Not long ago, I came upon one of those not-too-serious Facebook quizzes. It asked you various questions, and then worked out what occupation you should have had if you’d lived in the Middle Ages, I got ‘herbalist’ … which disappointed me slightly, for I’d much rather have been a Storyteller.
This person roamed around from village to village. He probably had another line, too … maybe a pedlar, or something. But, people looked forward to his visits, and his stories. In those days, most folk didn’t travel very far, and only a privileged few could read, so the storyteller was a source of both news and entertainment.
It’s probably from the storytellers that legends of the likes of King Arthur and Robin Hood sprang up … modelled on actual people, but lavishly embellished and embroidered over the years.
With the advent of first, the printed word and, more recently, instant mass communication, the art of storytelling almost died … apart from, of course, the telling of bedtime stories to tinies who cannot yet read. But, even those usually come from books, rather than tales passed down through the generations.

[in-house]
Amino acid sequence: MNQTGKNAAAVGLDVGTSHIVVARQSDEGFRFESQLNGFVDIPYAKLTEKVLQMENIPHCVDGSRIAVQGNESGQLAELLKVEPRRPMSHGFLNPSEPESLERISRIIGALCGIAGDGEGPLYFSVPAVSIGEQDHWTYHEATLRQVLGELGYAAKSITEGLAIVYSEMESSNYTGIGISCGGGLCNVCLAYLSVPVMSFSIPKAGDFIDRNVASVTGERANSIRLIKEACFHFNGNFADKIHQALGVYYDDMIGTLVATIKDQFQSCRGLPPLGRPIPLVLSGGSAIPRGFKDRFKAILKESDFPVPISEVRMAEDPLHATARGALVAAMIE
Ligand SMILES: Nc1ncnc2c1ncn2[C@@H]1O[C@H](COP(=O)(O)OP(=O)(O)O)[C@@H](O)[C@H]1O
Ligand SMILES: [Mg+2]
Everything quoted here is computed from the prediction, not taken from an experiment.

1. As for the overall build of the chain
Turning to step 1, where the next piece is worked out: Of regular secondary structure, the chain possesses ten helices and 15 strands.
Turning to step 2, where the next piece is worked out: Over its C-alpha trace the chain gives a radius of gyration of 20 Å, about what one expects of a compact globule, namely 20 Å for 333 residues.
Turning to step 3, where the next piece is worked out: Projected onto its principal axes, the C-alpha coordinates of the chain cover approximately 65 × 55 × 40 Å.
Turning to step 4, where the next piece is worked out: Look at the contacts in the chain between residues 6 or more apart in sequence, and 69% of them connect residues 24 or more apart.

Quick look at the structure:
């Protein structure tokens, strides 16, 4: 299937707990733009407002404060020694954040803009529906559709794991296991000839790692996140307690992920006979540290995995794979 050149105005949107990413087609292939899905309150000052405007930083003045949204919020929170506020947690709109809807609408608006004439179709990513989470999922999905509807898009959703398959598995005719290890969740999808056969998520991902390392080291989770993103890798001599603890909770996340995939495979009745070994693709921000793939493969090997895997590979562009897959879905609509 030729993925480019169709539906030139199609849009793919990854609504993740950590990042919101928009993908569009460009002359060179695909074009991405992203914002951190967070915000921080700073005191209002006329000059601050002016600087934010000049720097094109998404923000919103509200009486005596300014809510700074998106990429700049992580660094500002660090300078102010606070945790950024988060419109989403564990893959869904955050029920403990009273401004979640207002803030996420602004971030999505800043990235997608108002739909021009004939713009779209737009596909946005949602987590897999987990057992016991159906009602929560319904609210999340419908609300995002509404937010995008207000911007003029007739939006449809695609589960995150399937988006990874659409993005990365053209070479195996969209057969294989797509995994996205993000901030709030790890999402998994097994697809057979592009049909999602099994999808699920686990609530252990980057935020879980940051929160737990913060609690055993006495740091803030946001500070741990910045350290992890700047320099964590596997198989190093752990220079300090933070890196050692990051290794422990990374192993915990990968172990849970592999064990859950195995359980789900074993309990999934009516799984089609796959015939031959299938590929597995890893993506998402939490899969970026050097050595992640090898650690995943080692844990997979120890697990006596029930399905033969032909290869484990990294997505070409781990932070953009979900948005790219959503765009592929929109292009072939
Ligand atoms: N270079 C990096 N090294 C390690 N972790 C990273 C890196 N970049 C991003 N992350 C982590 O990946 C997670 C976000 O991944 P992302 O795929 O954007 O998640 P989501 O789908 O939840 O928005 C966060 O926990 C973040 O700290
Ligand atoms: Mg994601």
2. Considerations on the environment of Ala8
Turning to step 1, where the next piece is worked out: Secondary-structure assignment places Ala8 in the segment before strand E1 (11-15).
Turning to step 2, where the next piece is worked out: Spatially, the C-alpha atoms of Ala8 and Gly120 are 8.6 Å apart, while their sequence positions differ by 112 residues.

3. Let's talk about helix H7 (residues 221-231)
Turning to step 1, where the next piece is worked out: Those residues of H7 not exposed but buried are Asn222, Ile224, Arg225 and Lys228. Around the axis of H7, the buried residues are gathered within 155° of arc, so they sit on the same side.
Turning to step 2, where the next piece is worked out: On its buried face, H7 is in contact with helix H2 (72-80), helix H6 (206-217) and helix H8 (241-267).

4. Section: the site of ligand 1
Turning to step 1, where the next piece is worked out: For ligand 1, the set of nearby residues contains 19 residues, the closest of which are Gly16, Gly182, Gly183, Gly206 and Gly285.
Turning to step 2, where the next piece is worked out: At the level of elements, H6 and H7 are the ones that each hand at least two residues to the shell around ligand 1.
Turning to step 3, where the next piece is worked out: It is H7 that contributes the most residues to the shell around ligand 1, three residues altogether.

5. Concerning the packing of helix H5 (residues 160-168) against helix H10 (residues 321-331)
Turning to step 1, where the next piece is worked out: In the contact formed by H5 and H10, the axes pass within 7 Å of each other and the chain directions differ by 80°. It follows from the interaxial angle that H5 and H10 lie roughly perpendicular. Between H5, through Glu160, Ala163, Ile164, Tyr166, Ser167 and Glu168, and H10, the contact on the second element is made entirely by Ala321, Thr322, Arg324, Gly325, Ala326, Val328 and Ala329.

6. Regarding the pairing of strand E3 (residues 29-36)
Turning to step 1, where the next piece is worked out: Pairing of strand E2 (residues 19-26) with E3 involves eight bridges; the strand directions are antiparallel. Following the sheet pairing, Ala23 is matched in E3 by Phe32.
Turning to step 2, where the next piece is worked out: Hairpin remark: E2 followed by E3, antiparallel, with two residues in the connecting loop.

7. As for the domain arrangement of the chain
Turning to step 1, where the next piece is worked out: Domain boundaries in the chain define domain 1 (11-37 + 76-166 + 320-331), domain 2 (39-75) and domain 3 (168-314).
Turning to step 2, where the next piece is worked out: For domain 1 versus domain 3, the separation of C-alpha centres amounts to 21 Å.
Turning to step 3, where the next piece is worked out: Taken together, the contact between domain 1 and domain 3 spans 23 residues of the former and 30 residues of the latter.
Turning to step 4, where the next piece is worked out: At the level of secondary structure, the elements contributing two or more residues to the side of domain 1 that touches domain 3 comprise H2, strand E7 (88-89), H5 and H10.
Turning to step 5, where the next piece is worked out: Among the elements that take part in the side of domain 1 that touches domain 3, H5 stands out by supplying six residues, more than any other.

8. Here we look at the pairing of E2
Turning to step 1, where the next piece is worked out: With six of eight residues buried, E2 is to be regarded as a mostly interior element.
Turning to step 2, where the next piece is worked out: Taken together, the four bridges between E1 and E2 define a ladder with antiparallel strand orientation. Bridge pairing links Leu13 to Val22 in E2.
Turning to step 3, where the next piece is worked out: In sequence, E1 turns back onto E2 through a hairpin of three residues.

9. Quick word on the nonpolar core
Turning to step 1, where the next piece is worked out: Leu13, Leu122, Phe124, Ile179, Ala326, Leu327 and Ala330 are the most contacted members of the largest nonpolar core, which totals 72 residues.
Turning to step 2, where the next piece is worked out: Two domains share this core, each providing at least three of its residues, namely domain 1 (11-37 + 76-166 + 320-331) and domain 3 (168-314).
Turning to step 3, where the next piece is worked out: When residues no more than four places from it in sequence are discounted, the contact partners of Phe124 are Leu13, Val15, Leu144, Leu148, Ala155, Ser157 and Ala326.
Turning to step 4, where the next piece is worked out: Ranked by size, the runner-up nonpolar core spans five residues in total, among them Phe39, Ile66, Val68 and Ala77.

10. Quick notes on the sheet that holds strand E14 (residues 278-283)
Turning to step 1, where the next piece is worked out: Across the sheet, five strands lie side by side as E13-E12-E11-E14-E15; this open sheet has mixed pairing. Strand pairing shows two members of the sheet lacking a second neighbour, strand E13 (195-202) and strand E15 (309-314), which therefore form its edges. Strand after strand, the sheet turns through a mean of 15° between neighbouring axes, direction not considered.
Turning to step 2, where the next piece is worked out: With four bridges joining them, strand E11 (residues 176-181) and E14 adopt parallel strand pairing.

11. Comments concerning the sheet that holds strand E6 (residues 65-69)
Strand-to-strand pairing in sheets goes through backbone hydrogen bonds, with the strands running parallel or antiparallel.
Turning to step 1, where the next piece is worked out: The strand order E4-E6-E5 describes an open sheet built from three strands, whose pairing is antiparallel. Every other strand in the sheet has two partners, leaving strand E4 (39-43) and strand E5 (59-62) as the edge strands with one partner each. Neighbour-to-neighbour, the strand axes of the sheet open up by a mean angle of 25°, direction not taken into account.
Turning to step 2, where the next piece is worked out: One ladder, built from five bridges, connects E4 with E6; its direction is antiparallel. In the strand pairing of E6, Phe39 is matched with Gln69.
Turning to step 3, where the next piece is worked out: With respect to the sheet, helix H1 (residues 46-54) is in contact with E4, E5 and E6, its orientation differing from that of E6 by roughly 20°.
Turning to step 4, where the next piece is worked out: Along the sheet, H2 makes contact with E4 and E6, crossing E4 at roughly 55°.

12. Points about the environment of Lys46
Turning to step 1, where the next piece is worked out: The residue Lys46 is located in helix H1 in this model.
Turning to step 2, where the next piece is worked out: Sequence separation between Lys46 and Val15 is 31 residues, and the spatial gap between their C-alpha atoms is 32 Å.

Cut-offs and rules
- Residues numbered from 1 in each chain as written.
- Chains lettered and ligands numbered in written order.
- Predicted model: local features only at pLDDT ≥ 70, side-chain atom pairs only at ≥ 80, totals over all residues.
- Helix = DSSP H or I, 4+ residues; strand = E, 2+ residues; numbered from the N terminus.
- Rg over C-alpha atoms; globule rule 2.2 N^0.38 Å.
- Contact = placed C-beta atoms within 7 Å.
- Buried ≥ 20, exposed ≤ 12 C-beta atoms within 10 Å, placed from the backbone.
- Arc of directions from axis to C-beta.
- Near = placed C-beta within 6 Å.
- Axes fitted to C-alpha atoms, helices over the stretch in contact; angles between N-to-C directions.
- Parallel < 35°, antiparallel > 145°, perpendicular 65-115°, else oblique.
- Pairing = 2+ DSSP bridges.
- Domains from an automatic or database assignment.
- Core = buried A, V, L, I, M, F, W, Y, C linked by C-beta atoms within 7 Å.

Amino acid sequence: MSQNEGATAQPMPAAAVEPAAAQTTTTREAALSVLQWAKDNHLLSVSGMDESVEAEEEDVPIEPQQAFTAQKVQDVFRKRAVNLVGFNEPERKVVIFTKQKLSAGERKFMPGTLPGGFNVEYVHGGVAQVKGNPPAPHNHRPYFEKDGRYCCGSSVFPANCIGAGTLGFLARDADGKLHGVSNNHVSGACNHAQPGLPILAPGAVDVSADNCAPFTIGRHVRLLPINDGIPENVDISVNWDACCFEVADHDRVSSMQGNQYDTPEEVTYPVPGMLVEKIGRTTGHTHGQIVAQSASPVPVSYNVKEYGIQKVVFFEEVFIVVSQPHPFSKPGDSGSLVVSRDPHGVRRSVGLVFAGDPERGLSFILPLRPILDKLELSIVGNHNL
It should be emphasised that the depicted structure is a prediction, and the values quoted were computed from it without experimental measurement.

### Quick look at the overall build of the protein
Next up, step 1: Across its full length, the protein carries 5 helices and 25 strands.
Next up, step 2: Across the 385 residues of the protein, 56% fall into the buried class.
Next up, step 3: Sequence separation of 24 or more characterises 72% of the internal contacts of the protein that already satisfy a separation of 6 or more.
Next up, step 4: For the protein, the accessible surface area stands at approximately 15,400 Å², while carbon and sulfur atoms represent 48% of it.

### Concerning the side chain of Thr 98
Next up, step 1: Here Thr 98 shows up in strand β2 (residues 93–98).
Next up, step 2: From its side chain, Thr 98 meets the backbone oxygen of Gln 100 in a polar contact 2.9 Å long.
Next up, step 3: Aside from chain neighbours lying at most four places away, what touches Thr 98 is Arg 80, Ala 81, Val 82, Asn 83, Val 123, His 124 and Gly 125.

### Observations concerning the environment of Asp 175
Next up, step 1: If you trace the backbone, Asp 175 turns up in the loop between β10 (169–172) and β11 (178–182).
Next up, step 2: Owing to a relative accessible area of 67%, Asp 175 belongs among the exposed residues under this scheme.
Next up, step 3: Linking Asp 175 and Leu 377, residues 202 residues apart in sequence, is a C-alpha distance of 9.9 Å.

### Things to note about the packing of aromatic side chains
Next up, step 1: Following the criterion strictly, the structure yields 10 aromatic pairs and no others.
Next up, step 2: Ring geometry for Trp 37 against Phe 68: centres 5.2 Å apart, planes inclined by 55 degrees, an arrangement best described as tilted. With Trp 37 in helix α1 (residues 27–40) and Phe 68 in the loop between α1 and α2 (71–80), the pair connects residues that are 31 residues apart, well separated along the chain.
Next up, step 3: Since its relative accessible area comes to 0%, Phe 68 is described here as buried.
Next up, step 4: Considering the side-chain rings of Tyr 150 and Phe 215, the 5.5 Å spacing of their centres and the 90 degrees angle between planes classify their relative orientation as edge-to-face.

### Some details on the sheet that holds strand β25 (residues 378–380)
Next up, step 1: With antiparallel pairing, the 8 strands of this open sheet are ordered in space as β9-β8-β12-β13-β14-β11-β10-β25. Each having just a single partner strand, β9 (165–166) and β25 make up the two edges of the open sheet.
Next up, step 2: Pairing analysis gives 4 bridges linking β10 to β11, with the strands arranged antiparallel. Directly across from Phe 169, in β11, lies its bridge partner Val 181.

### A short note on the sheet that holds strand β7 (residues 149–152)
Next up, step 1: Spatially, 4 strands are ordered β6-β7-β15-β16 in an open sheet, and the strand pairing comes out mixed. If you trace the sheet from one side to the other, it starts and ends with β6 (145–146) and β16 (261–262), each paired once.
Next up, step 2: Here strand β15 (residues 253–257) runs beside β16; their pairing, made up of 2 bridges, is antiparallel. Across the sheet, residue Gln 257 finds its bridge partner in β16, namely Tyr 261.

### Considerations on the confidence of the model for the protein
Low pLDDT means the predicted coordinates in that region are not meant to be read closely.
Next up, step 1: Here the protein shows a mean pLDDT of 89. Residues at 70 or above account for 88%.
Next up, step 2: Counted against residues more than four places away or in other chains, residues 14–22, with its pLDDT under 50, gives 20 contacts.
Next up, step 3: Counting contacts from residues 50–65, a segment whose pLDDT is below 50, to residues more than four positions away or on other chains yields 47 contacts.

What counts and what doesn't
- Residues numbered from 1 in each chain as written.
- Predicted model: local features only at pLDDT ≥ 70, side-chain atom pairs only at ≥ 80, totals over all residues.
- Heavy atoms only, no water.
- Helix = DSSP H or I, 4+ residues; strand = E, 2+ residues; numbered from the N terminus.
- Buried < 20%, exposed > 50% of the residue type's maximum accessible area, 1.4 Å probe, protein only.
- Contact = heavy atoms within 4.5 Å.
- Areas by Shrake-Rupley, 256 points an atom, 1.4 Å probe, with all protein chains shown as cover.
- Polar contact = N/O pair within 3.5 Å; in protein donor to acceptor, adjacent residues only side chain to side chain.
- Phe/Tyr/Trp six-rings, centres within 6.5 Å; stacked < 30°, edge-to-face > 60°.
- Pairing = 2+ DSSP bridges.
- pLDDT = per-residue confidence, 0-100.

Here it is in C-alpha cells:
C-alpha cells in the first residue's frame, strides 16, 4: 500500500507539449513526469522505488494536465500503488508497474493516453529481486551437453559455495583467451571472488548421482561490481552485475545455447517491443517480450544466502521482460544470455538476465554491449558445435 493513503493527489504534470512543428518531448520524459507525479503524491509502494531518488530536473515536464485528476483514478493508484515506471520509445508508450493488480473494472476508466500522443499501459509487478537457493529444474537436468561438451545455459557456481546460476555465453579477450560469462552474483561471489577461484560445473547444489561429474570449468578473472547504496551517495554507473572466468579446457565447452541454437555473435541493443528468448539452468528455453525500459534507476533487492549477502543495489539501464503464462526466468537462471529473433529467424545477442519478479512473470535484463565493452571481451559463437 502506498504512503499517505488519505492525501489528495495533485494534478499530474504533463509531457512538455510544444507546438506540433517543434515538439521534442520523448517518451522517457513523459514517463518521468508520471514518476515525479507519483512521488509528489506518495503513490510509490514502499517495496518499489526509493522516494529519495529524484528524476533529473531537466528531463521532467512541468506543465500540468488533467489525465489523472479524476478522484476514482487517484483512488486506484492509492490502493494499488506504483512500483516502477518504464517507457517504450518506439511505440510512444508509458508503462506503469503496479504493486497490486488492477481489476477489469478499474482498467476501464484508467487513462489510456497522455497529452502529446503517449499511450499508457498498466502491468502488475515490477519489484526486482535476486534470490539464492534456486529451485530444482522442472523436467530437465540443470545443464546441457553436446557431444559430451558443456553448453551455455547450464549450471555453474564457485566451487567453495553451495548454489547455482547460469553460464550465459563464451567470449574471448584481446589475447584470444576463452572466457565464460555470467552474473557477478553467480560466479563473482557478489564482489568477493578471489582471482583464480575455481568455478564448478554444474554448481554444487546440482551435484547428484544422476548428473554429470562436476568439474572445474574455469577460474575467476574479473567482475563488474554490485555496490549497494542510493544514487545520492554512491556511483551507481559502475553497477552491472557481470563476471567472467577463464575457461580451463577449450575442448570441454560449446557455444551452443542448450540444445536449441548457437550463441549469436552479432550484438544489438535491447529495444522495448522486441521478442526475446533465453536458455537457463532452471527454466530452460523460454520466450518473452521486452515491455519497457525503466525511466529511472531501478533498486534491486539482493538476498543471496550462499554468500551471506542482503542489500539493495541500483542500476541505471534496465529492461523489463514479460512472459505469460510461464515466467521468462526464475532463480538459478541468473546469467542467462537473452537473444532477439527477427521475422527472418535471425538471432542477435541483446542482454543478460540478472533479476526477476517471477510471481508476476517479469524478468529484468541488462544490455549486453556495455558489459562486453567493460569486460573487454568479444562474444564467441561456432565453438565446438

But, just before Christmas, English Heritage laid on a special treat for the Stonehenge Volunteers. We had mince pies and nibbles around an open fire in the Earth House, in the Ancient Technology Centre. The Earth House is a sort of meeting room, roofed with turf, and benches arranged amphitheatre-style around a central circular area within which the fire burns.
And, to entertain us, a Storyteller came, and, for an hour, regaled us with a recital of folk tales. I did make some recordings, but don’t want to reproduce them here. What I particularly noticed was a complete absence of ‘um-ing’ and ‘er-ing’ … as well as projecting his voice beautifully (either that, or the Earth House has really good acoustics!)
I don’t think I could do that … so, maybe, if I’d lived in the Middle Ages, I’d be better advised to stick to herbalising!